Baudrillard’s Simulation

On reflection, these incidents brought to mind a YouTube video about the hidden brilliance of the Comedy Central show Nathan For You (stick with me on this one). In the video essay, user Full Fat Videos explains that one of the most unique storytelling aspects of Nathan Fielder’s reality show is that the people being “pranked” never find out (until the show is aired); to them, the simulation is effectively the same as if it were real, citing French philosopher Jean Baudrillard’s idea of simulation (this ELI5 reddit thread explains it in simple terms). The unwitting participants are subject to carefully fabricated scenarios meant to simulate real life (albeit, in a highly exaggerated manner), and as long as the facade is maintained, it makes no practical difference to their experience vs. if the scenarios were genuine (or to any observers not in on the joke).

So why am I writing about all this on a marketing/advertising blog?

Bear with me again.

Walking around Manhattan last month, I saw many businesses and companies temporarily adopting rainbow palettes. This includes places where I’ve worked – my past two ad agencies are very progressive (which is par for the course for most New York companies with a heavy makeup of creative liberal millennials), and have participated in initiatives supporting the community. Some genuine, some seemingly for virtue signaling purposes.

All of these instances are symbols, as described by Baudrillard. The rainbow flags and integration of associated colors are shorthand for corporate support of the movement, but their exaggeration and constant exposure through mass media may have morphed their original meaning(s).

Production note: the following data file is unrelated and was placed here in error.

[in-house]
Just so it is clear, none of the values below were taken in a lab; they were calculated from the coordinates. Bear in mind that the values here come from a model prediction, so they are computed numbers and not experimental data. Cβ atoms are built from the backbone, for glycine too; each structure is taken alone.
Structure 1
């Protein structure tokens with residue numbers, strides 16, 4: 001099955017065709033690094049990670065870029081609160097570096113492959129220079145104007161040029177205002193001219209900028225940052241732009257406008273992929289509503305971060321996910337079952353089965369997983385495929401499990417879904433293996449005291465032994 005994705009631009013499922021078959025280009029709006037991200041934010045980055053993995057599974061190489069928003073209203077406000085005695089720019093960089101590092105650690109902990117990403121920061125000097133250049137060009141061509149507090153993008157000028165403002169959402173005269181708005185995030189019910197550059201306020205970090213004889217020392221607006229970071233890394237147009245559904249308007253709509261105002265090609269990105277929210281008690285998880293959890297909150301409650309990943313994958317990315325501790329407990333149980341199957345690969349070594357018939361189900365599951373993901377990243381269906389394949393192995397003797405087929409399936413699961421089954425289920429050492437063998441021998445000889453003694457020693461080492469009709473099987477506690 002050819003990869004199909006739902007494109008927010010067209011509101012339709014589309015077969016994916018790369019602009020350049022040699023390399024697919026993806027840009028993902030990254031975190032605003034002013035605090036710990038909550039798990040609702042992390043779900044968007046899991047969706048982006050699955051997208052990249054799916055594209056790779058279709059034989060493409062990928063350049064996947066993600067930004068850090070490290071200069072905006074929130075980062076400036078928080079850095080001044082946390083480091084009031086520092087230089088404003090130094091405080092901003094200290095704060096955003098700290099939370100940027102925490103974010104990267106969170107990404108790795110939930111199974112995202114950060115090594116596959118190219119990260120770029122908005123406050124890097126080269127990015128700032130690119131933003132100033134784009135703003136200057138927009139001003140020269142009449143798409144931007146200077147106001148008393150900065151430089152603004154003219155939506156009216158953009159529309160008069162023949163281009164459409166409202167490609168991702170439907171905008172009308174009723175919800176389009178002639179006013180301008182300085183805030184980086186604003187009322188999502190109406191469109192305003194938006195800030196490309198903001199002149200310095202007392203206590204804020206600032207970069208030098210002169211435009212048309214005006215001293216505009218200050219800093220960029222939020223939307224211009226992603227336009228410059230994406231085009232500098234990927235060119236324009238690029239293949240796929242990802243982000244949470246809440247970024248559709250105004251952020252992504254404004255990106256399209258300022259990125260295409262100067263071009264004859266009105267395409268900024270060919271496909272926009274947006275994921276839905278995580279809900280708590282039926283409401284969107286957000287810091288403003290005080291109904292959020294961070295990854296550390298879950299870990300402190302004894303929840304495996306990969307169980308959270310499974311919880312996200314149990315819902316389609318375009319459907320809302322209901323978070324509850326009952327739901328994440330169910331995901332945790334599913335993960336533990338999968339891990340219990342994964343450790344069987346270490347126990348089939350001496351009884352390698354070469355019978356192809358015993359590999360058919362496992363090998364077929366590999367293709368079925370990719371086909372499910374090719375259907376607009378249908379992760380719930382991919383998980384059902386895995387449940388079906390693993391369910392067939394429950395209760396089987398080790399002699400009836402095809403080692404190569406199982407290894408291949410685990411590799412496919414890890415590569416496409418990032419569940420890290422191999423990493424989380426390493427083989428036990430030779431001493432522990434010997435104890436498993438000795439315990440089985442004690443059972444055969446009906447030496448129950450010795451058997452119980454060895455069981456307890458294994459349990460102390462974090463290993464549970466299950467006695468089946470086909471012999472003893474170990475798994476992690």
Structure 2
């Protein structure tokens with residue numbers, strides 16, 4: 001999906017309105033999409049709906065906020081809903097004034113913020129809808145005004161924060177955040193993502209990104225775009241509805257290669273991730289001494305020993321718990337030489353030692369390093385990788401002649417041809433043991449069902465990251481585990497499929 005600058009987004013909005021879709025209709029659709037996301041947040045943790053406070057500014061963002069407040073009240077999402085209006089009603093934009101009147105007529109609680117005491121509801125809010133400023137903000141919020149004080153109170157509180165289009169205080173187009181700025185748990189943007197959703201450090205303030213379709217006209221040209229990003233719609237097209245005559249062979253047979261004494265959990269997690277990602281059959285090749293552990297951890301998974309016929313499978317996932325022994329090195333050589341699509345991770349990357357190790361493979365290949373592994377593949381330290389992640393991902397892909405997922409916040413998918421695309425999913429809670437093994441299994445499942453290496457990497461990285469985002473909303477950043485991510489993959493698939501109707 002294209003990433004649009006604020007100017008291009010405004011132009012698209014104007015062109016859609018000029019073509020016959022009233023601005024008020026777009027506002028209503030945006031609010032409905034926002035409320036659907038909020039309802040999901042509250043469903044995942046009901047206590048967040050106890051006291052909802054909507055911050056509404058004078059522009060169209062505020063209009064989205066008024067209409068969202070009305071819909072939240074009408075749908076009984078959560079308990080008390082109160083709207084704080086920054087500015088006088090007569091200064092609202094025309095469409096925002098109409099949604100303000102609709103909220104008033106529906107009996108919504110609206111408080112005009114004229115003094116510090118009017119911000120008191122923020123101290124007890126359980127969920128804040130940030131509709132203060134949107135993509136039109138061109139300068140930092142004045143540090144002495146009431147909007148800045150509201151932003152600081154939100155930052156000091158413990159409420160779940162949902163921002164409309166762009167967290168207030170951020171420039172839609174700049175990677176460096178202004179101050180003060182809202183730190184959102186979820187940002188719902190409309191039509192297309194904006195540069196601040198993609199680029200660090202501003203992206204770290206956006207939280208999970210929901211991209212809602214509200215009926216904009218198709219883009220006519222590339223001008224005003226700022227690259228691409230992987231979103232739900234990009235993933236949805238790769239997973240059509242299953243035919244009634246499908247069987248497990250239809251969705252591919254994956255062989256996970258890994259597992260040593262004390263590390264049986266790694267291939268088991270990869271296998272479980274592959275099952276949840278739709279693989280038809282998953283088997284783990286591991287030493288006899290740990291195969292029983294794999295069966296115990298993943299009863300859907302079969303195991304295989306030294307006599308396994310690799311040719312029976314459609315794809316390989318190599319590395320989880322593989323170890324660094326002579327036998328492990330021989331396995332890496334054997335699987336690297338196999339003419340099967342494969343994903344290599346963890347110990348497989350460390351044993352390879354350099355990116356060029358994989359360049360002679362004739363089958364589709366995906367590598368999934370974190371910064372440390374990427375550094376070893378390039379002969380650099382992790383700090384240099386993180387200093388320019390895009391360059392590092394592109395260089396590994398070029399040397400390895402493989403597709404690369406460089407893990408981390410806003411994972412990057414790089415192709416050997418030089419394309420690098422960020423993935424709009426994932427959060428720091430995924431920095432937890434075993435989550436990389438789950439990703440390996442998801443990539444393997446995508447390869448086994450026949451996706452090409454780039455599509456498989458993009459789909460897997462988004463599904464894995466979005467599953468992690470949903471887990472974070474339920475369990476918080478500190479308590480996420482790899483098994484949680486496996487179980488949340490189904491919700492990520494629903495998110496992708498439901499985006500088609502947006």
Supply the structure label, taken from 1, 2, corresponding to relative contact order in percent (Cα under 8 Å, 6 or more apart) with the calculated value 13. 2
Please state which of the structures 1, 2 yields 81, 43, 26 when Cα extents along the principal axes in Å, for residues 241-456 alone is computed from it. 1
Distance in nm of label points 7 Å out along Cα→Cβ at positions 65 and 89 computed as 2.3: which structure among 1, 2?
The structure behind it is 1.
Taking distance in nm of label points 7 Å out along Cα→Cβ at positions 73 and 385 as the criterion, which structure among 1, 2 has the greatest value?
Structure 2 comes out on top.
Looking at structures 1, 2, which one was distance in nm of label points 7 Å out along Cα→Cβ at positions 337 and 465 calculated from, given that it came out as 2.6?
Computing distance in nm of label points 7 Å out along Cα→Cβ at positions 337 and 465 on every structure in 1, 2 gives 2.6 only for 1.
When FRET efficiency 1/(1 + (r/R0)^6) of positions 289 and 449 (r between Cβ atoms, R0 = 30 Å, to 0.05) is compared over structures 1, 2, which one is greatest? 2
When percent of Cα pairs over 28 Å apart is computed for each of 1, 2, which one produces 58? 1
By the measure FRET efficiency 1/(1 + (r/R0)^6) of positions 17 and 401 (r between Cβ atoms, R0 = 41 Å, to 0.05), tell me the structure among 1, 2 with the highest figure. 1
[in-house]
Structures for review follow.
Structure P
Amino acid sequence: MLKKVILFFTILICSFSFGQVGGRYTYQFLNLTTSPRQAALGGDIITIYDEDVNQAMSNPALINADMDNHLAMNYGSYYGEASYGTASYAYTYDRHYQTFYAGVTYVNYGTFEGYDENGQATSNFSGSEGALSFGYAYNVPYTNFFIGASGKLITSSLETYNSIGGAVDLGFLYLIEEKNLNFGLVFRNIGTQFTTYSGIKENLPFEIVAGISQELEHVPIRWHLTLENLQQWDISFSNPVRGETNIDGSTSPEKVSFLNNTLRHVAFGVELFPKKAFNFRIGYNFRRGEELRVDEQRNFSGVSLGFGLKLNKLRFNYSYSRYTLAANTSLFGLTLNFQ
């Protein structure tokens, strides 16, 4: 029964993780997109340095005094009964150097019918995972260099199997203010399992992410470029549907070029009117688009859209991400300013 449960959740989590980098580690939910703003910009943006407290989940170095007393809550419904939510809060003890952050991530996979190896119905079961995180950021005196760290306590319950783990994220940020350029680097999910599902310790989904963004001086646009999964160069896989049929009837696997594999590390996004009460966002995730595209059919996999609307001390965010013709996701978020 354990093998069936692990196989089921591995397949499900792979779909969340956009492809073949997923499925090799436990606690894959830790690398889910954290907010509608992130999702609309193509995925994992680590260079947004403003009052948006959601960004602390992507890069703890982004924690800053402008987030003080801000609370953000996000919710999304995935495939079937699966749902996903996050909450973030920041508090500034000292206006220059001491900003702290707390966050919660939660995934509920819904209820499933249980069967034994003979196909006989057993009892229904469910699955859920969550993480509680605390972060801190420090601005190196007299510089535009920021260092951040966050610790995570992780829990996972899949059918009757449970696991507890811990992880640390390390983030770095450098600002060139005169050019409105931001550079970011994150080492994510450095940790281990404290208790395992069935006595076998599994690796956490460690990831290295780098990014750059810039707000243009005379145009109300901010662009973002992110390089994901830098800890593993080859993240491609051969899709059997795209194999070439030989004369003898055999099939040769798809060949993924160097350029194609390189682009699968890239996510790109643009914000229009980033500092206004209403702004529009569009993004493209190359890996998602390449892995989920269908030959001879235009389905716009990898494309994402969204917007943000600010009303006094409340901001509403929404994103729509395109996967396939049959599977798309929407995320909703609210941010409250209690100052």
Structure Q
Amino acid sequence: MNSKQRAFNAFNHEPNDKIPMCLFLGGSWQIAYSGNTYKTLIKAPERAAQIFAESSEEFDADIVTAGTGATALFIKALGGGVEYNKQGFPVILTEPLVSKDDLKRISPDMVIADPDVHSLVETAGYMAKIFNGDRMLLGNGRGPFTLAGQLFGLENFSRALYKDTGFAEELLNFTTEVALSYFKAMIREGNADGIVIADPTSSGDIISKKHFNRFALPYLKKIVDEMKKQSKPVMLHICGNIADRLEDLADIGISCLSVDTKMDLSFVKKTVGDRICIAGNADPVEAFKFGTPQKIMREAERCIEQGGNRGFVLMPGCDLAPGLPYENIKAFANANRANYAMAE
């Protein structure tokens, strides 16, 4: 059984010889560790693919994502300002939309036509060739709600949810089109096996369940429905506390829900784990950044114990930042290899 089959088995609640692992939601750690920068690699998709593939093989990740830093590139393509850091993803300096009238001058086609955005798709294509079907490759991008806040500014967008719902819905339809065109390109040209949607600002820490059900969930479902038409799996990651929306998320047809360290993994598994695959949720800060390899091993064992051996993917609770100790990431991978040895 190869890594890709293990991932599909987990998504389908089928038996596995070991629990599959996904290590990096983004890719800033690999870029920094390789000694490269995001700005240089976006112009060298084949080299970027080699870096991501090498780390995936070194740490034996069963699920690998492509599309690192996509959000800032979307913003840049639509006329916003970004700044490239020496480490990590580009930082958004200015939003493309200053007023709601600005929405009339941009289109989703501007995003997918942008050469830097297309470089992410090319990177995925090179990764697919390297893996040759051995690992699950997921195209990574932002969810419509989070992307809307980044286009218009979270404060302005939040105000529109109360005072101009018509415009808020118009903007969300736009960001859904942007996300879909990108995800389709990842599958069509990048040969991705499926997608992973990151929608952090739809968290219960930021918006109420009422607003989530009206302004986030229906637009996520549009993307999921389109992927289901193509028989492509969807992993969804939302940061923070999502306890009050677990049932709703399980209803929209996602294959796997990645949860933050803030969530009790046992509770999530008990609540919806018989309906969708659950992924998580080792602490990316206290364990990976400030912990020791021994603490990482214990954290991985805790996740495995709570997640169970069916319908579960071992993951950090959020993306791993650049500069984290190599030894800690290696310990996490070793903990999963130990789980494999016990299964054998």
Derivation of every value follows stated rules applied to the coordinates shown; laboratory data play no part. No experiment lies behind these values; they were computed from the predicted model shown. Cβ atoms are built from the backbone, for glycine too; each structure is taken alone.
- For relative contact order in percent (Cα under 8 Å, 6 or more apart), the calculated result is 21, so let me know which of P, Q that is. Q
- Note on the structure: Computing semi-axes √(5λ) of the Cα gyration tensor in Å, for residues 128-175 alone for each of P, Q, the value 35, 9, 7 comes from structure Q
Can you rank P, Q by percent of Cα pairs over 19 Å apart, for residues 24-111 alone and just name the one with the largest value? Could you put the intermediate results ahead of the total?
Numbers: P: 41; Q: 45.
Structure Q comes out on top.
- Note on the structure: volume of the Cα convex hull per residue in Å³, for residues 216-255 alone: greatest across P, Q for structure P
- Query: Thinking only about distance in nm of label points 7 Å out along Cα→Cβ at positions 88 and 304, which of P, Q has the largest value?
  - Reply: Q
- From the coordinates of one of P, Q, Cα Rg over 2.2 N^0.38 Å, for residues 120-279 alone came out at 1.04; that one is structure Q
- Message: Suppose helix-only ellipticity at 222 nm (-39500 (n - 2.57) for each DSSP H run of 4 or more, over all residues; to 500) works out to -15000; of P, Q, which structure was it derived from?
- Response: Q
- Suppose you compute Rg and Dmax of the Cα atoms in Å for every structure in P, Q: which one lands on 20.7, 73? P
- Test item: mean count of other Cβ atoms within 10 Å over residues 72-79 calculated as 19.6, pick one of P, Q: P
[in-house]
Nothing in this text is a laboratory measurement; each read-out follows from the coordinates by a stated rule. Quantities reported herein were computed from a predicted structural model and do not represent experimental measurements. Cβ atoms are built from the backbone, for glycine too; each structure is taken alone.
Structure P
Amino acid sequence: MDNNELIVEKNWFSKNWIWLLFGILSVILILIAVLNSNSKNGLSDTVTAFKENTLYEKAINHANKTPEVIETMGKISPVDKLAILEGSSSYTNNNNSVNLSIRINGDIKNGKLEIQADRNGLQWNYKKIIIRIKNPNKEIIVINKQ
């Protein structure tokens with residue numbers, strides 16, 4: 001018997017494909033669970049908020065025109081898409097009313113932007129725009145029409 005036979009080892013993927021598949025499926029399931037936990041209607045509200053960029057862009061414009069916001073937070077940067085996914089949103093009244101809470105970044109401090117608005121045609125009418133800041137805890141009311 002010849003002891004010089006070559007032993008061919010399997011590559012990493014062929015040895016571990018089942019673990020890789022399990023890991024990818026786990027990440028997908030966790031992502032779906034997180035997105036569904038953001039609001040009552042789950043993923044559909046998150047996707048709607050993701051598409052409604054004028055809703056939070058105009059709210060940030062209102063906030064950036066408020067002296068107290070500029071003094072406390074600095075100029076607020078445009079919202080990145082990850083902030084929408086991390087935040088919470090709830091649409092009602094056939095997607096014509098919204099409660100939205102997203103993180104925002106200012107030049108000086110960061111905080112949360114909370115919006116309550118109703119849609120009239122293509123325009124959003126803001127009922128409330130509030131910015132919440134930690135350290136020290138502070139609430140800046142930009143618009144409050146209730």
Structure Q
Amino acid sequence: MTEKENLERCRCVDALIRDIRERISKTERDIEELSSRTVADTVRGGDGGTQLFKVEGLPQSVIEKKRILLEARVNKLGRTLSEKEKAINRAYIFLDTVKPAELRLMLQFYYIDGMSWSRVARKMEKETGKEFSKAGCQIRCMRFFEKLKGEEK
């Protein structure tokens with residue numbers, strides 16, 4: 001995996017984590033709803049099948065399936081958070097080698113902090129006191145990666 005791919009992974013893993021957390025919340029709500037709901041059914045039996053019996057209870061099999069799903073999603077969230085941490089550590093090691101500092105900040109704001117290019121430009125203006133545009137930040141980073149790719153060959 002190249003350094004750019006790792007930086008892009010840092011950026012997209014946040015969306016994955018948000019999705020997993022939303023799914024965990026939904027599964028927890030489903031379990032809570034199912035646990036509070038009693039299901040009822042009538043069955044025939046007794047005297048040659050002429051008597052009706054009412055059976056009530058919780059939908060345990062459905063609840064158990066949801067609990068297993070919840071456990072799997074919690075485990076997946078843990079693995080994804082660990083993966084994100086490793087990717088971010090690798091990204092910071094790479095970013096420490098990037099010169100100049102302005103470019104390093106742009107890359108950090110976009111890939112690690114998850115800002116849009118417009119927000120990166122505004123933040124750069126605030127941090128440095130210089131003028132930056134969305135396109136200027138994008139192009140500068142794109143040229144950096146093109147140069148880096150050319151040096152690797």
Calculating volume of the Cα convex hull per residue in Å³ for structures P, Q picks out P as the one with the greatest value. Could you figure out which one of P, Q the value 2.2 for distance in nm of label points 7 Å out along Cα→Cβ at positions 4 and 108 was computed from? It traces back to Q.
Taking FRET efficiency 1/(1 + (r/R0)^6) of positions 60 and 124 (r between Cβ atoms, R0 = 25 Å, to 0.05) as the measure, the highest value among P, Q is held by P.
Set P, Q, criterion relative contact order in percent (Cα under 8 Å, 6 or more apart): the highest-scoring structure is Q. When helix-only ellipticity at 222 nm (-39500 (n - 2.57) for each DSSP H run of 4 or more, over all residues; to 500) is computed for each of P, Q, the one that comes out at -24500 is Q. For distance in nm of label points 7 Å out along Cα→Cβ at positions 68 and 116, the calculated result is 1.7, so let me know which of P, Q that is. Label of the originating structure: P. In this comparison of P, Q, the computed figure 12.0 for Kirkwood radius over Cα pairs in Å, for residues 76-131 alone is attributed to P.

Similar to the Nathan For You example, what if companies are feigning pride simply because they feel they’re supposed to? If people never find out that the brands are being disingenuous, does it make a difference to observers?

If 1,000 gym bros only attend the parade for ulterior motives (unbeknownst to other participants), does it matter if their presence at the event ends up bolstering attendance and makes it appear that more people support the cause?

On the other hand, if all symbols eventually extend beyond their original meanings, then I could very well have been wearing my pride watch band not because I support the LGBTQIA+ community, but because they’re the colors du jour (for the record, this is not the case). Or even worse, through the eyes of the complainers, I wear the colors so I cannot be accused of hateful speech (also not the case). I think both perspectives are ridiculous, but plausible if everything’s truly a simulation divorced from their original meanings.

Does any of this matter?

Do the ends justify the means, or are the ends in of themselves the only thing that matters? If PR teams feel pressured into launching pride adjacent campaigns and their efforts spread awareness and evangelism, would it matter if they aren’t congruent with actual company values? Over time, doesn’t leveraging the symbolism of LGBTQIA+ turn a company into a de facto ally in the eyes of the public? As a corollary, if a company is effusively pro-LGBTQIA+ but doesn’t do any tangible CSR initiatives to that end, is it truly an ally or an ally in name only?

Taking this a step further – if politicians and policy makers change their minds on issues to reflect evolving public opinion, does it matter why they changed their stance?

For instance, when President Obama was first campaigning in 2008, he very publicly stated that he believed marriage was between a man and woman. Over time, he softened that stance to be more inclusive, and it was under his tenure (and Supreme Court appointments) that same-sex marriage was declared a constitutional right.

For the sake of argument, let’s say Obama in 2015 still believed gay marriage shouldn’t have been allowed. If he were publicly pressured into adopting a stance to the contrary, which led to a ruling that benefited the gay community, would it matter why he “flip-flopped”?

It’s hard to say, and I certainly do not have a definitive answer.

But in general, I think it would benefit everyone to be more critical of brands using pride month (or any other social movement) as a marketing tool, lest we all get lost in the simulation. Take a look at what tangible things those brands are doing to benefit the community, and suss out shallow lip service.

And before I wrap up, here’s a wonderful image that succinctly sums up my cynicism: